We’ve all heard the rumours of Super Rugby expanding into North America before. So when SANZAR boss Greg Peters mentioned yesterday that the competition was once again exploring the idea it got fans excited but not too excited. The odds of Super Rugby expanding anywhere outside of Argentina in the near future seem slim at best. Not only is travel a factor, but it’s questionable whether there are enough rugby fans in one city to get 20,000 people out to a match.
That being the case, why to Peters and other officials insist on continuing to mention the U.S. and other locations and possible expansion candidates? It’s simple: money. Currently Super Rugby derives most of its money from television contracts and an expansion of the interested viewing area would help boost the competition’s negotiating position with television networks, mainly Fox which has a big presence in the United States. Think about this. In total SANZAR has a roughly 75 million people, California alone has 38 while the U.S. has over 300. Thrown in Japan, Canada, and Argentina, the has to increase SANZAR’s bargaining power.
But there are problems with just using population and television audience alone. There is no doubt that the American rugby community would get behind a Super Rugby team, and while rugby in America is growing, that support group would still be small. Just look at the television numbers for current broadcasts on Fox Soccer Plus. They are good numbers but not enough to get significant attention.
What would get the attention of television broadcasters is a successful summer of rugby in America. The U.S. is going to see more high-level rugby events this year than in any time in recent memory. Some of the highlights include the Las Vegas 7’s, the Collegiate Rugby Championship, Grand Prix 7’s, the Golden Lions tour of America, and the Eagles home matches against Ireland, Tonga, and Canada. If a large number of people turn out to these events and tune in on television, it could be enough to gain the attention of broadcasters. It would also be proof to SANZAR officials that fans in America are willing to turn out to events. This doesn’t mean that expectations should be too high. After all, the U.S. saw a record crowd last year at 18,000--that’s less than the average for a Super Rugby match—but it doesn’t mean that there isn’t a beginnings of something big.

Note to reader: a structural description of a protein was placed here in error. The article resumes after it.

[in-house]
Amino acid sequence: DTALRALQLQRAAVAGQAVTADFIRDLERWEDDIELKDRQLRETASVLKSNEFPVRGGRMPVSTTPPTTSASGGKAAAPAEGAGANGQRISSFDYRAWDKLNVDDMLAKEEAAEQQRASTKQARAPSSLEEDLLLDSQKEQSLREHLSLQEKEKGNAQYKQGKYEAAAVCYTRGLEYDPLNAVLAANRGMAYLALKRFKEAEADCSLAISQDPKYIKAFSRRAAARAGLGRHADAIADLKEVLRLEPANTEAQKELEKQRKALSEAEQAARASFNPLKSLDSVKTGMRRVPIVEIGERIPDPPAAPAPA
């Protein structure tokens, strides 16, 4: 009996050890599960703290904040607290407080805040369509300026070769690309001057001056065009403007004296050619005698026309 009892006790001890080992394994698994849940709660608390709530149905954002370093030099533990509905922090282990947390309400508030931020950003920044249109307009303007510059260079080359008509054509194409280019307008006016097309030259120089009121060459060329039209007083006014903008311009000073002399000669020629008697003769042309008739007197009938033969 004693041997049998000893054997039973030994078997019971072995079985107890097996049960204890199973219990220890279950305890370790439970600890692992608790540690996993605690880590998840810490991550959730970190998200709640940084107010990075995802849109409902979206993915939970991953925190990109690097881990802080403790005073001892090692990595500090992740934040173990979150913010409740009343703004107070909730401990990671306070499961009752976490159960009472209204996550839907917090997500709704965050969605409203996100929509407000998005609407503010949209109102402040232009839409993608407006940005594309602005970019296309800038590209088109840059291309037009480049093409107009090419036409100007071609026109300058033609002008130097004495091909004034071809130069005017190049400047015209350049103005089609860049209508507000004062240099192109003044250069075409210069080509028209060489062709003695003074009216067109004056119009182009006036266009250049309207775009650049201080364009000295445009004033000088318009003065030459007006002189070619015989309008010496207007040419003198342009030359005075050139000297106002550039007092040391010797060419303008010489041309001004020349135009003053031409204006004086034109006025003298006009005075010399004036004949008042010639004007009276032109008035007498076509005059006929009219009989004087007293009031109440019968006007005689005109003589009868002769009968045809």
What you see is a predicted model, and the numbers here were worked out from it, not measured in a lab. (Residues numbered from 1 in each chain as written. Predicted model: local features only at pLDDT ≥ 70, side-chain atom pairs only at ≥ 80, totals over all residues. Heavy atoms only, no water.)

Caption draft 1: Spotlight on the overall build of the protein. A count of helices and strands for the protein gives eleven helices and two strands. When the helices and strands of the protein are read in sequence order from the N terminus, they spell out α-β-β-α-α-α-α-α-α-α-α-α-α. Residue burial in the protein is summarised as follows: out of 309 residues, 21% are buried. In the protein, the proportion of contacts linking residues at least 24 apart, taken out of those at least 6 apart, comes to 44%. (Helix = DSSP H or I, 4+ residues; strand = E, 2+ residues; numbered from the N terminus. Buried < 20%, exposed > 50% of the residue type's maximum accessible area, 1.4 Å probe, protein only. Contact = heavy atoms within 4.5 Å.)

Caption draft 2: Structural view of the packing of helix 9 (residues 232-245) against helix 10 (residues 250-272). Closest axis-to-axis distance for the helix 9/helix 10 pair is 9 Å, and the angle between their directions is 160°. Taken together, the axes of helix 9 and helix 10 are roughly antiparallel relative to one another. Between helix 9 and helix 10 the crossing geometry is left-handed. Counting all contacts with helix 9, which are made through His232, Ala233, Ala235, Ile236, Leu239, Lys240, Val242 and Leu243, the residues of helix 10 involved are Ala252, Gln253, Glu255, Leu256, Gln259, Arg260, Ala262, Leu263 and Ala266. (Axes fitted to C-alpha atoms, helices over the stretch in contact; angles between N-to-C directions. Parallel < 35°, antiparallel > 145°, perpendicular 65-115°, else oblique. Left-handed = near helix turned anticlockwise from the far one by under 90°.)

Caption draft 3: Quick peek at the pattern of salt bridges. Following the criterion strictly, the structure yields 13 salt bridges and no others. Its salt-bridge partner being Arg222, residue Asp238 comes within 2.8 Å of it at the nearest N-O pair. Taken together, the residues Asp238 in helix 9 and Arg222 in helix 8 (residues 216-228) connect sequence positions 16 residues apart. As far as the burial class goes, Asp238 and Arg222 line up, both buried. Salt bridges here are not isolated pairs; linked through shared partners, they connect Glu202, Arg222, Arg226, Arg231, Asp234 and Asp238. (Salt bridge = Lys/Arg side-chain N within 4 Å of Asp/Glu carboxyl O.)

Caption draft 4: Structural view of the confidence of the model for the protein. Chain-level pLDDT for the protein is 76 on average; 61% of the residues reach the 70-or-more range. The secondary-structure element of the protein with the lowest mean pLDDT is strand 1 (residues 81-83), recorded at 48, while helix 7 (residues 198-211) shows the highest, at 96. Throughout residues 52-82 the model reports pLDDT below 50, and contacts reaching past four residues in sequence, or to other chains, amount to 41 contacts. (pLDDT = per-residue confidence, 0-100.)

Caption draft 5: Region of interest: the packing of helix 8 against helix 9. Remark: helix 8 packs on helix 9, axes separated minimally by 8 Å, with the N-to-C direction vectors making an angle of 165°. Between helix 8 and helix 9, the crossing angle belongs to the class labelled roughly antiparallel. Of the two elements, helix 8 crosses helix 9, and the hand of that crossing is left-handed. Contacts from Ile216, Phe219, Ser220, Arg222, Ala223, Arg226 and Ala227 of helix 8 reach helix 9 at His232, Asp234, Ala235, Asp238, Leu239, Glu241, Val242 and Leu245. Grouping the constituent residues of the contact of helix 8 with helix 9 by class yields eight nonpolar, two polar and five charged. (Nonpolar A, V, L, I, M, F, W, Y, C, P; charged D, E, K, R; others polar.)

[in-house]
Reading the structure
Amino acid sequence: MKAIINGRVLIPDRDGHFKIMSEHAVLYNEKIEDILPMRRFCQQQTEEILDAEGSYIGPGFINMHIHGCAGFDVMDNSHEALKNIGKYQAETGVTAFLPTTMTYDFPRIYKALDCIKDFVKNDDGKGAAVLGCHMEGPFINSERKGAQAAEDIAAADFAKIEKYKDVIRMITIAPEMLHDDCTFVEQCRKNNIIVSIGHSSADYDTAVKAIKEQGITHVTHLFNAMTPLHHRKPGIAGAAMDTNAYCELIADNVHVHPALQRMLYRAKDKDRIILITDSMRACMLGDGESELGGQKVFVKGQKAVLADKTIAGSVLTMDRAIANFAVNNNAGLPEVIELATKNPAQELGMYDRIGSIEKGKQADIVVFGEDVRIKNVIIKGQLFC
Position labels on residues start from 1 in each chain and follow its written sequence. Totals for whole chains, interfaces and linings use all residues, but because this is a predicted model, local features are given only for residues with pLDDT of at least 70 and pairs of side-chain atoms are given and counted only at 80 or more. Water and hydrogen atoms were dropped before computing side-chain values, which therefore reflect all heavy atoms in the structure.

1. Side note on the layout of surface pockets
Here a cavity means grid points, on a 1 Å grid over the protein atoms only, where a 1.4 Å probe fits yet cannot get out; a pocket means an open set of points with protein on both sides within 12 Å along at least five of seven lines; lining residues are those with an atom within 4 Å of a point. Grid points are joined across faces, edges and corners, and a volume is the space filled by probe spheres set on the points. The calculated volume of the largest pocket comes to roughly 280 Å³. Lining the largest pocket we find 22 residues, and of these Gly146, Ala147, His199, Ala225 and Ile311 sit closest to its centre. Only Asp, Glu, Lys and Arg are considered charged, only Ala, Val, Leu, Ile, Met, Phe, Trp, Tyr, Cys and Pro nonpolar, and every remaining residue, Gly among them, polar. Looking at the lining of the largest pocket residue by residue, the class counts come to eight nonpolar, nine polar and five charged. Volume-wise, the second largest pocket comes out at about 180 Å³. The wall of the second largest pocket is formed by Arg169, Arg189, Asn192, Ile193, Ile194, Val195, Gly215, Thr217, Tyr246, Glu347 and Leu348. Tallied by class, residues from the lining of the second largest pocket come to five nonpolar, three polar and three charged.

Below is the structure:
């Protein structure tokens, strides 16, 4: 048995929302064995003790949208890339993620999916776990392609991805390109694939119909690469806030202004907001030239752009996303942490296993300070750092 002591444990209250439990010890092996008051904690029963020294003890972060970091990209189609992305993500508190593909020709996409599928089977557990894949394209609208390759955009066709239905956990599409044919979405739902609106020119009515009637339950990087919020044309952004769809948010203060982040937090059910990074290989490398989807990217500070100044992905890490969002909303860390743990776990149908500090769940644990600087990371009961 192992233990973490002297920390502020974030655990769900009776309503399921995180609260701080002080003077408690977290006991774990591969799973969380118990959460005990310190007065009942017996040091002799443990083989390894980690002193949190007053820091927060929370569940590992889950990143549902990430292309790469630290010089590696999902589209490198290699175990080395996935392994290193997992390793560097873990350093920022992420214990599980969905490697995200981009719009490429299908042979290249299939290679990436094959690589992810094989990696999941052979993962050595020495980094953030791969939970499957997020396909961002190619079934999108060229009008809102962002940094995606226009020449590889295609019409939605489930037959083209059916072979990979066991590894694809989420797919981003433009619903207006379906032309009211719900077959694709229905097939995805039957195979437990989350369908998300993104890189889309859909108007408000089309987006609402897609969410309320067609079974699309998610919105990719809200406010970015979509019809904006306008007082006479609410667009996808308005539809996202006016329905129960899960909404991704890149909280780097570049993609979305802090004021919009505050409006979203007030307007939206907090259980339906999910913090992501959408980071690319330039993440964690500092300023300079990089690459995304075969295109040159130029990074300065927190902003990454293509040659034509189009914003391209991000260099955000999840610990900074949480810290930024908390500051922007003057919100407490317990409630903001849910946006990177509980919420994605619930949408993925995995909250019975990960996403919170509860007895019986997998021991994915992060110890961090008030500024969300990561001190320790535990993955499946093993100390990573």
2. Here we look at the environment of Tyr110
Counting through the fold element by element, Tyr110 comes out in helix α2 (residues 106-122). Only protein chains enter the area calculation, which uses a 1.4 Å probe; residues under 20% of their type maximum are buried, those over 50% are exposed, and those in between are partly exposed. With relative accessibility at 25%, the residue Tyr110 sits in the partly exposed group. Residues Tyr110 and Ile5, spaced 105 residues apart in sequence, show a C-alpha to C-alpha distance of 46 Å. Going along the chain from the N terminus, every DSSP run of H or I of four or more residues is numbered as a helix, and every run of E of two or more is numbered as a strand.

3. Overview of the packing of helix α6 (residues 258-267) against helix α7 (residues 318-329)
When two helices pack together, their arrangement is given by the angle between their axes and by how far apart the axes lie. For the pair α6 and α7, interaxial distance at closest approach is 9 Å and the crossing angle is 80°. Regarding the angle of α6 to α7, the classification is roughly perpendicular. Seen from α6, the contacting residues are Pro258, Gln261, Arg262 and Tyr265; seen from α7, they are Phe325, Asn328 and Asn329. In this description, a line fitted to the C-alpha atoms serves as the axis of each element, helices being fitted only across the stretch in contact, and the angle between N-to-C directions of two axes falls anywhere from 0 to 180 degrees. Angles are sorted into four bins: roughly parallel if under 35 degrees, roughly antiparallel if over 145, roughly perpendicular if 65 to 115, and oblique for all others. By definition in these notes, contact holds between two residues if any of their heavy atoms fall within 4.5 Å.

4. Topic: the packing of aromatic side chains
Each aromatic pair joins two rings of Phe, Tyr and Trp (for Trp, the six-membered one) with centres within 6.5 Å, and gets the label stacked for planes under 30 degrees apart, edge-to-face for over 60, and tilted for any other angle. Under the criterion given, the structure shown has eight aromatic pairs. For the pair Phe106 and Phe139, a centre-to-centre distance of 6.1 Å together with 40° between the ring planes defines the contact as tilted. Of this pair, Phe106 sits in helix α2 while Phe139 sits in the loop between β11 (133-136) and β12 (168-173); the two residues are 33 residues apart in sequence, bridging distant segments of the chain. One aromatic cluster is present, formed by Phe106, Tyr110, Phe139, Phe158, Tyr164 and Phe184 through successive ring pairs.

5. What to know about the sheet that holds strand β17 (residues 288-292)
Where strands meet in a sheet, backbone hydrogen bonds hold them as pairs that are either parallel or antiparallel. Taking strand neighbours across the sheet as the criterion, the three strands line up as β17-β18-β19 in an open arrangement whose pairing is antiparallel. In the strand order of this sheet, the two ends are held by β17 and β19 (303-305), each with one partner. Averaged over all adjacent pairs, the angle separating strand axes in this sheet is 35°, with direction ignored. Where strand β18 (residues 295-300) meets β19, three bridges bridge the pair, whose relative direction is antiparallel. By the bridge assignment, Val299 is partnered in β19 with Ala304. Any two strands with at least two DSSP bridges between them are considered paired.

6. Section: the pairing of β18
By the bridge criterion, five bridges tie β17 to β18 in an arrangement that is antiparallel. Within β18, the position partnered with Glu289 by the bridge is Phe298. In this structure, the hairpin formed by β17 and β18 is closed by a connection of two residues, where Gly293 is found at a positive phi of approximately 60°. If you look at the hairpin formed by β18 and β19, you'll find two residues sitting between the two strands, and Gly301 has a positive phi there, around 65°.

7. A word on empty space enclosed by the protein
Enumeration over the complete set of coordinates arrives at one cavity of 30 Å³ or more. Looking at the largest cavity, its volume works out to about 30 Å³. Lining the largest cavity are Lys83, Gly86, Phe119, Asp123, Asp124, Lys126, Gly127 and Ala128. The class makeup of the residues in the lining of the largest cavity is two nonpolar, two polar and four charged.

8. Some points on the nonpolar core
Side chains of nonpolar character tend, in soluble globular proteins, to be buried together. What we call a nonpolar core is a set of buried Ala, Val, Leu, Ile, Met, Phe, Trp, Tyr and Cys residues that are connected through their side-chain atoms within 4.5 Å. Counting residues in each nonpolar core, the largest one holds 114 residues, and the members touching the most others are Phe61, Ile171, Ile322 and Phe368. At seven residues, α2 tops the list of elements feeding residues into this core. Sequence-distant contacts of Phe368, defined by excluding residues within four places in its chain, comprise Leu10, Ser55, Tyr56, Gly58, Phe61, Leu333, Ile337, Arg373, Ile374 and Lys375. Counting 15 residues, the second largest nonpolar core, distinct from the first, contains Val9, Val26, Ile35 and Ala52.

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SANZAR already has seen the potential for rugby in America, that’s why they’ve expressed interest in the past. What makes Peters’ comments so interesting is that they came in the context of the Pacific Nations Cup. For the first time SANZAR seems to think they have a measuring stick to see if the U.S. can at least be competitive in the competition. Peters specifically said that “we are considering whether or not we will include new territories in Super Rugby and one of the factors we'll be weighing up is their competitiveness." How exactly that competitiveness will be measured is another question. The likelihood that a U.S.-based Super Rugby team would be “all American” is remote. The more likely scenario is that so many spots are put aside for U.S. players while the rest are staffed with Argentineans, or other members of SANZAR.
What SANZAR is looking for is to see whether the U.S. has enough top flight players to compete. Playing in the Pacific Nations Cup against Samoa and Tonga, who are arguably better than Tier I nations Scotland and Italy, will be seen as a test of whether the U.S. can field a competitive team. Close results or wins against Tonga, Fiji, and Japan could be enough to convince SANZAR that placing an American team in Super Rugby will not dilute the competition. As such, there is a lot riding on the Eagles summer performance.
U.S. fans shouldn’t get their hopes raised too high at Peters’ comments, but they should be encouraged that they are at least to the point where there are serious discussions. No one is going to gift us an opportunity at Super Rugby, we have to earn it, but it’s something that we can achieve.
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